The Texas Rangers have launched an investigation into Baylor, as a result of the University's sexual assault scandal, a source with knowledge of the investigation confirmed to Channel 6 on Wednesday.

Baylor has previously confirmed it is aware of at least 17 victims who have reported allegations of sexual assault against 19 football players since 2011. Court documents suggest the number could be as high as 52 rapes by 31 football players from 2011-2014.

When the Pepper Hamilton Law Firm conducted a University-commissioned investigation of the scandal in 2016, Baylor claims lawyers did not compile a final written report, instead opting to deliver the findings orally to the Board of Regents. The lack of transparency sparked concerns among high-profile donors and alumni who formed an organization called Bears for Leadership Reform, which has been seeking change ever since.

State Representative Roland Gutierrez (D-San Antonio) recently filed legislation (HR 664) urging Governor Greg Abbott to instruct the Texas Rangers to investigate "the obstruction of justice surrounding the sexual assault of young female students at Baylor University."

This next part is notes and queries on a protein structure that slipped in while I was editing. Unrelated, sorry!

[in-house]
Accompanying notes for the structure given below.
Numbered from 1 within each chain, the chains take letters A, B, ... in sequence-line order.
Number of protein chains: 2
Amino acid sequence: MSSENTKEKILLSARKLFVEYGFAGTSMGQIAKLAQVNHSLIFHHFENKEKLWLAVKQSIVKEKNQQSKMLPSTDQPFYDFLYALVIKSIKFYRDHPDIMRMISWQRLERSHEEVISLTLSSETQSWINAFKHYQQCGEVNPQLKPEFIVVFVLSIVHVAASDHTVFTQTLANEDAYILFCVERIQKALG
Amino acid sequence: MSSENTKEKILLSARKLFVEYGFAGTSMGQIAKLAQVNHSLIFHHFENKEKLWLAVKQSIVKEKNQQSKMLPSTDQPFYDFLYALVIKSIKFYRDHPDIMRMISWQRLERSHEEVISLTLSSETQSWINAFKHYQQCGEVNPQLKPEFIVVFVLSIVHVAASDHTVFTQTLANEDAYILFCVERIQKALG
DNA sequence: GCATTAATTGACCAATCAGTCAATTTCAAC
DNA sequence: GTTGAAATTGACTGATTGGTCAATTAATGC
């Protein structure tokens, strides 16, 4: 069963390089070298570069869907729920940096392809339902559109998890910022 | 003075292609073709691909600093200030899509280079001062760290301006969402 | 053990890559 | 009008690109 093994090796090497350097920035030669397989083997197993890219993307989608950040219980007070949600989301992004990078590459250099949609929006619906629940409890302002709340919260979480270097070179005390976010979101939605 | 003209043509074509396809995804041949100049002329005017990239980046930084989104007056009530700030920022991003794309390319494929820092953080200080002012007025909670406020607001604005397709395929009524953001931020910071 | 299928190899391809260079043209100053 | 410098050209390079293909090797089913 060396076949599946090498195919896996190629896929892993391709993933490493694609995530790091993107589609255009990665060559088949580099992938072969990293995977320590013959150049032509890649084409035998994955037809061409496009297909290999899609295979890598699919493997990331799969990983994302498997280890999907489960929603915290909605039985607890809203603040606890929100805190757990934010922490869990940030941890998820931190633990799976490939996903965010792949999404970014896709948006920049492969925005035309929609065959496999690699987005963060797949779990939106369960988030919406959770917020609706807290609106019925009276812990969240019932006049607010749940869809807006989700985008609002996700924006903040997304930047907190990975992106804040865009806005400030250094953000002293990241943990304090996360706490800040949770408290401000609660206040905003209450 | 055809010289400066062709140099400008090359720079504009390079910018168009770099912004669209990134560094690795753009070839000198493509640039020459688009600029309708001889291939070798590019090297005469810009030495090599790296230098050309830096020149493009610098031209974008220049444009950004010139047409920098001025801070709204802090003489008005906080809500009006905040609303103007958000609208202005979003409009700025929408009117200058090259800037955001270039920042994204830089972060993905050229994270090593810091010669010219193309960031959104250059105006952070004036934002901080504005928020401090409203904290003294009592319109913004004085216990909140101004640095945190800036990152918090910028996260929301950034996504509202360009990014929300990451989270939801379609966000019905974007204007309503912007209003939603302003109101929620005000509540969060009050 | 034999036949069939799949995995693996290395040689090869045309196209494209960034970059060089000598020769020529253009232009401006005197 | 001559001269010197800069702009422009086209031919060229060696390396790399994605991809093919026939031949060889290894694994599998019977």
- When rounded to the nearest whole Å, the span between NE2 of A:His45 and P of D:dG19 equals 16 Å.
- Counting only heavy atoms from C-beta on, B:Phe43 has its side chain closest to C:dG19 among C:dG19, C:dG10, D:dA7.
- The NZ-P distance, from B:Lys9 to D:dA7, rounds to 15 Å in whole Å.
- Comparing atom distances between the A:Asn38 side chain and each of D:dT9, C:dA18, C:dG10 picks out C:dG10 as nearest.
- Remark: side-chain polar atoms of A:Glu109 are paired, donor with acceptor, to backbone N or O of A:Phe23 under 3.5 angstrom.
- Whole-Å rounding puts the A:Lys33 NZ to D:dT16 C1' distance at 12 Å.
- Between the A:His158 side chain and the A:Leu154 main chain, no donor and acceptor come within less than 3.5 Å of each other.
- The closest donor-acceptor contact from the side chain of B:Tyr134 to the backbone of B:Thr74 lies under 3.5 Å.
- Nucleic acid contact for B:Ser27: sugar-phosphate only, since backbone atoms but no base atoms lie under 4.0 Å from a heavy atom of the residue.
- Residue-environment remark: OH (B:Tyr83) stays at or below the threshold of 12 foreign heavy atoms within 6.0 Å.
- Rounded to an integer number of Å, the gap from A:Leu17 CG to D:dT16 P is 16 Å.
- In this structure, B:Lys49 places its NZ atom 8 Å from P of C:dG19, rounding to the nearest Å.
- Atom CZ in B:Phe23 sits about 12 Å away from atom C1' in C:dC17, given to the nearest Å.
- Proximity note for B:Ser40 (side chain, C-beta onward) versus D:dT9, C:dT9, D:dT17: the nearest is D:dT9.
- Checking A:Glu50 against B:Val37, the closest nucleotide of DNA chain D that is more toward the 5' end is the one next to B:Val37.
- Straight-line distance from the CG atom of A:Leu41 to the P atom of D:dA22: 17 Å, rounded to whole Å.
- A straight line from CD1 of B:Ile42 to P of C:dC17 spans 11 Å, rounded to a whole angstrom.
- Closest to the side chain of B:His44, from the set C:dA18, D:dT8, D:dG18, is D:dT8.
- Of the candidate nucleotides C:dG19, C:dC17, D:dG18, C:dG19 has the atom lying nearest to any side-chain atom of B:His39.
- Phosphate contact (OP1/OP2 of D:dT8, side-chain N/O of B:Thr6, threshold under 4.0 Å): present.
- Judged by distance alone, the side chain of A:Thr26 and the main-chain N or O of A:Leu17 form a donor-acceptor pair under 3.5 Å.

While Rep. Gutierrez's spokesperson said his office's legislation did not "force" the Rangers to act, the office was aware of the newly launched investigation.

“Yesterday I was informed by the DPS that the Texas Rangers have a pending investigation into Baylor University," Rep. Gutierrez said in a statement. "We appreciate their expeditious efforts and look forward to the findings of their investigation."

As of Wednesday afternoon, the scope of the investigation was unclear.

"The Texas Rangers are working with the local prosecutor to conduct a preliminary investigation to determine if further action is warranted," Texas Department of Public Safety Press Secretary Tom Vinger told Channel 6 in a statement.

The Baylor scandal resulted in the firing of Head Football Coach Art Briles, the demotion of President Ken Starr and the probation of Athletic Director Ian McCaw. The latter two later resigned. Title IX Coordinator Patty Crawford also quit as a result of the saga, proceeding to blame University administrators for failing to adequately support her investigative team.

Baylor University released the following statement:

“Baylor University pledges to extend our full cooperation with the Texas Rangers surrounding the issue of sexual assaults that occurred within our campus community several years ago, as we have done with other external inquiries that are currently underway.”